Why Do Teen-Involved Car Crashes Increase During Summer?
Through no fault of their own, teenage drivers across Washington and the rest of the nation lack the level of driving experience that older motorists have. This inexperience, combined with the risky driving behaviors that so many teenage drivers engage in, makes the summer months when most teens are out of school a particularly dangerous time to be on the road.
Per AAA Newsroom, the stretch of time that occurs between Memorial Day and Labor Day each year is such a dangerous time to travel the nation’s roadways that many now call it summer’s 100 Deadliest Days.
100 Deadliest Days Car Crash Statistics
More than 30% of all road deaths involving teenage drivers nationwide take place during the 100 Deadliest Days span. Between 2011 and 2020, more than 7,124 people died in summertime car wrecks involving teenage motorists. This equates to more than seven deaths per summer, which is higher than the six deaths seen per day throughout the rest of the year.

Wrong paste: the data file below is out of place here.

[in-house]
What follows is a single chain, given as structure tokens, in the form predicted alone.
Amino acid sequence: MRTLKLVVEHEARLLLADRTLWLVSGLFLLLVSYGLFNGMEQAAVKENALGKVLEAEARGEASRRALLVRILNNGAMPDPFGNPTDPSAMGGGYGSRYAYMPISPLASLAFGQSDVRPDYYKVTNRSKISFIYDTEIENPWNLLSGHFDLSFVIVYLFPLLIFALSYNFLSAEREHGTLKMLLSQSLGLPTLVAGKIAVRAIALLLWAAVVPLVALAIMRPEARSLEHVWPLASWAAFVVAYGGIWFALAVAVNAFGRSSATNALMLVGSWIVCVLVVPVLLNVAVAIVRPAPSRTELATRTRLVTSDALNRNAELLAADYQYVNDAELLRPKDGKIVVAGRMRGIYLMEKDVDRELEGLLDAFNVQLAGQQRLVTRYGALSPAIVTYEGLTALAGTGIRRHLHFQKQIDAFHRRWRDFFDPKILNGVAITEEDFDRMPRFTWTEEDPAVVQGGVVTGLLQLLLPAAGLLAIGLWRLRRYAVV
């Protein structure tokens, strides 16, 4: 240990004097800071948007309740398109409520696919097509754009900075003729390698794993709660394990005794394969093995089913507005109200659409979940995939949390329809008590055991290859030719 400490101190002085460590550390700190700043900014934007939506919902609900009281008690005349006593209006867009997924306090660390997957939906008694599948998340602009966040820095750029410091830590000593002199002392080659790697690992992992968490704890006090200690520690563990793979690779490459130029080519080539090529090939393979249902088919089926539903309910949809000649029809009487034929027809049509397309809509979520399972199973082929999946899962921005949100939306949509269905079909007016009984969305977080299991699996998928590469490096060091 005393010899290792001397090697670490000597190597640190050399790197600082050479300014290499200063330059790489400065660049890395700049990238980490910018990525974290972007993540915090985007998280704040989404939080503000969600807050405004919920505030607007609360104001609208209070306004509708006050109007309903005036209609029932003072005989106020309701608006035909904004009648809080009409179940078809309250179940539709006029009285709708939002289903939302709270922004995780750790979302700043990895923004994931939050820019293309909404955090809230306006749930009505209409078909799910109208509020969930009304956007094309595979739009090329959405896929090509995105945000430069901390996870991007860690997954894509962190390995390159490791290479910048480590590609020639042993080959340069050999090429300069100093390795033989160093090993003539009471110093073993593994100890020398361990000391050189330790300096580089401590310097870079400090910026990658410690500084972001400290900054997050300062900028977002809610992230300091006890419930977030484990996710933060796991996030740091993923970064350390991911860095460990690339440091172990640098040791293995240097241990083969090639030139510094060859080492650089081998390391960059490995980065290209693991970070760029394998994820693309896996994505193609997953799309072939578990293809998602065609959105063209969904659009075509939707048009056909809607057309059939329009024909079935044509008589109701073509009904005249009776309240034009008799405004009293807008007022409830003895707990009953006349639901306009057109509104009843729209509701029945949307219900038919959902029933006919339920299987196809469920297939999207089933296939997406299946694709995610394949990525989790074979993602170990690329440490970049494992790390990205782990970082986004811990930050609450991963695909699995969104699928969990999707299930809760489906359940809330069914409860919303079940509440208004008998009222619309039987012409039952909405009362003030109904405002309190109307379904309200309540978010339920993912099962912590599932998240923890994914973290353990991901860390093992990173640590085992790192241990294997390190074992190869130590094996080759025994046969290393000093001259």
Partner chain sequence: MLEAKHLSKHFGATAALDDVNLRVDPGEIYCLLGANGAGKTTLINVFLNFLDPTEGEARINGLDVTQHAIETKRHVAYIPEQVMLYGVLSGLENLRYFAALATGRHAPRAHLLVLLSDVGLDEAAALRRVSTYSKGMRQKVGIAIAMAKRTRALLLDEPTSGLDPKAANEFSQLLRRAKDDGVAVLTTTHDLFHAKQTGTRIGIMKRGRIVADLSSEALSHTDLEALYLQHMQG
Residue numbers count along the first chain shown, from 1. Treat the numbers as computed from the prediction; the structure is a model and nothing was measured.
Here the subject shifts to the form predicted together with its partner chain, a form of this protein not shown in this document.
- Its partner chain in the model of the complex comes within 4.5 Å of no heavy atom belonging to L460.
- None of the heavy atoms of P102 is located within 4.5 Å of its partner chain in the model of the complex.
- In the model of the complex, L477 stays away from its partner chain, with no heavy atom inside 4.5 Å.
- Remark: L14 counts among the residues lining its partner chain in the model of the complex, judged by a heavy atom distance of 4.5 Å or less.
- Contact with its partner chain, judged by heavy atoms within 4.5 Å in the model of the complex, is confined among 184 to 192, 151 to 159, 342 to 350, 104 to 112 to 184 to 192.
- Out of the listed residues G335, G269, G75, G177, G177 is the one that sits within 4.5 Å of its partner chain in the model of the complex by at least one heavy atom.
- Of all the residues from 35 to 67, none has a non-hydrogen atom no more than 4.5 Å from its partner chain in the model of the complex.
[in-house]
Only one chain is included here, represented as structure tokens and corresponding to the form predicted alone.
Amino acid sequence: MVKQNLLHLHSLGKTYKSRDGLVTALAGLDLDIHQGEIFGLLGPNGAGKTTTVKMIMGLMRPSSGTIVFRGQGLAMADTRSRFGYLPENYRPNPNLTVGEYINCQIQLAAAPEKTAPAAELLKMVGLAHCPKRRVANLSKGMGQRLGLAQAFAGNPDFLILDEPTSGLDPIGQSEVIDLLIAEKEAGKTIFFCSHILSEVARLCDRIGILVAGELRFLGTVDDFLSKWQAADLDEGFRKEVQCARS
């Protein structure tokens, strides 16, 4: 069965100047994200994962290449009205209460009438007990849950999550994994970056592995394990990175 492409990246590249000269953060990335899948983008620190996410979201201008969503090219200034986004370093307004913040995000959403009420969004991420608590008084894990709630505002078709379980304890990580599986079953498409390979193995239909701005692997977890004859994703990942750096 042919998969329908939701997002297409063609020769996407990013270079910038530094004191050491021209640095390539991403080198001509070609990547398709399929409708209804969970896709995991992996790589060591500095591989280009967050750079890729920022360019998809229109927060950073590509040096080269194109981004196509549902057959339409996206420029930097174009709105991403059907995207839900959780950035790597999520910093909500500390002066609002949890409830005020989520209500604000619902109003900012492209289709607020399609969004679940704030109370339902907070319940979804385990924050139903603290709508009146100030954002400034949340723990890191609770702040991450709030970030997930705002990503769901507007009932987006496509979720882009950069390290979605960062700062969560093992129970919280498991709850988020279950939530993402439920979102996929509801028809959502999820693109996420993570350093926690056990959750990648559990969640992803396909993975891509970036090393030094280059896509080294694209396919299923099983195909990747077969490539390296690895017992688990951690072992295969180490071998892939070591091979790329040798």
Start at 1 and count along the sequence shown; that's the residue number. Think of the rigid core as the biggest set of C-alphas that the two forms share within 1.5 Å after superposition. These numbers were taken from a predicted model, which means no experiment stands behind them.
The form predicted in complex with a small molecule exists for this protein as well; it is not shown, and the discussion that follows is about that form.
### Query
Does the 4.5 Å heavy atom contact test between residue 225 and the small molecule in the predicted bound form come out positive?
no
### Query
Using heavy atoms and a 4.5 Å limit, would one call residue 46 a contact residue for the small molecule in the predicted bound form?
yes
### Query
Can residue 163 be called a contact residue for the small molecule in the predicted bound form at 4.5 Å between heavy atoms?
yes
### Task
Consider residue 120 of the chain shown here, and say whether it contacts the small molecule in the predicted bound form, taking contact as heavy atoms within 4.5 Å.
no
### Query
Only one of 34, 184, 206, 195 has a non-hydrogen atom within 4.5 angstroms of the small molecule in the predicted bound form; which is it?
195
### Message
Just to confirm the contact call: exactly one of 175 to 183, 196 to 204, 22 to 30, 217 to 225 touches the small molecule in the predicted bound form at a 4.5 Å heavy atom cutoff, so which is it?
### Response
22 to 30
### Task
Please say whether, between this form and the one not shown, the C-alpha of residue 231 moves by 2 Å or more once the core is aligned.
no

100 Deadliest Days Dangerous Driving Behaviors
Many teenage driver-involved wrecks share similar attributes. Fatal and nonfatal crashes involving teen drivers are more likely to occur at night when drivers are more prone to fatigue and there may be other impaired drivers on the roads. Many teen-involved summertime crashes also involve speed or alcohol abuse. Driver distraction is another frequent factor in teen driver-involved crashes, and other teenage passengers are a common and dangerous source of distraction.
Parents who have new drivers in their families may want to restrict their teens from driving after dark or driving with other young passengers until they become more comfortable and gain more experience behind the wheel.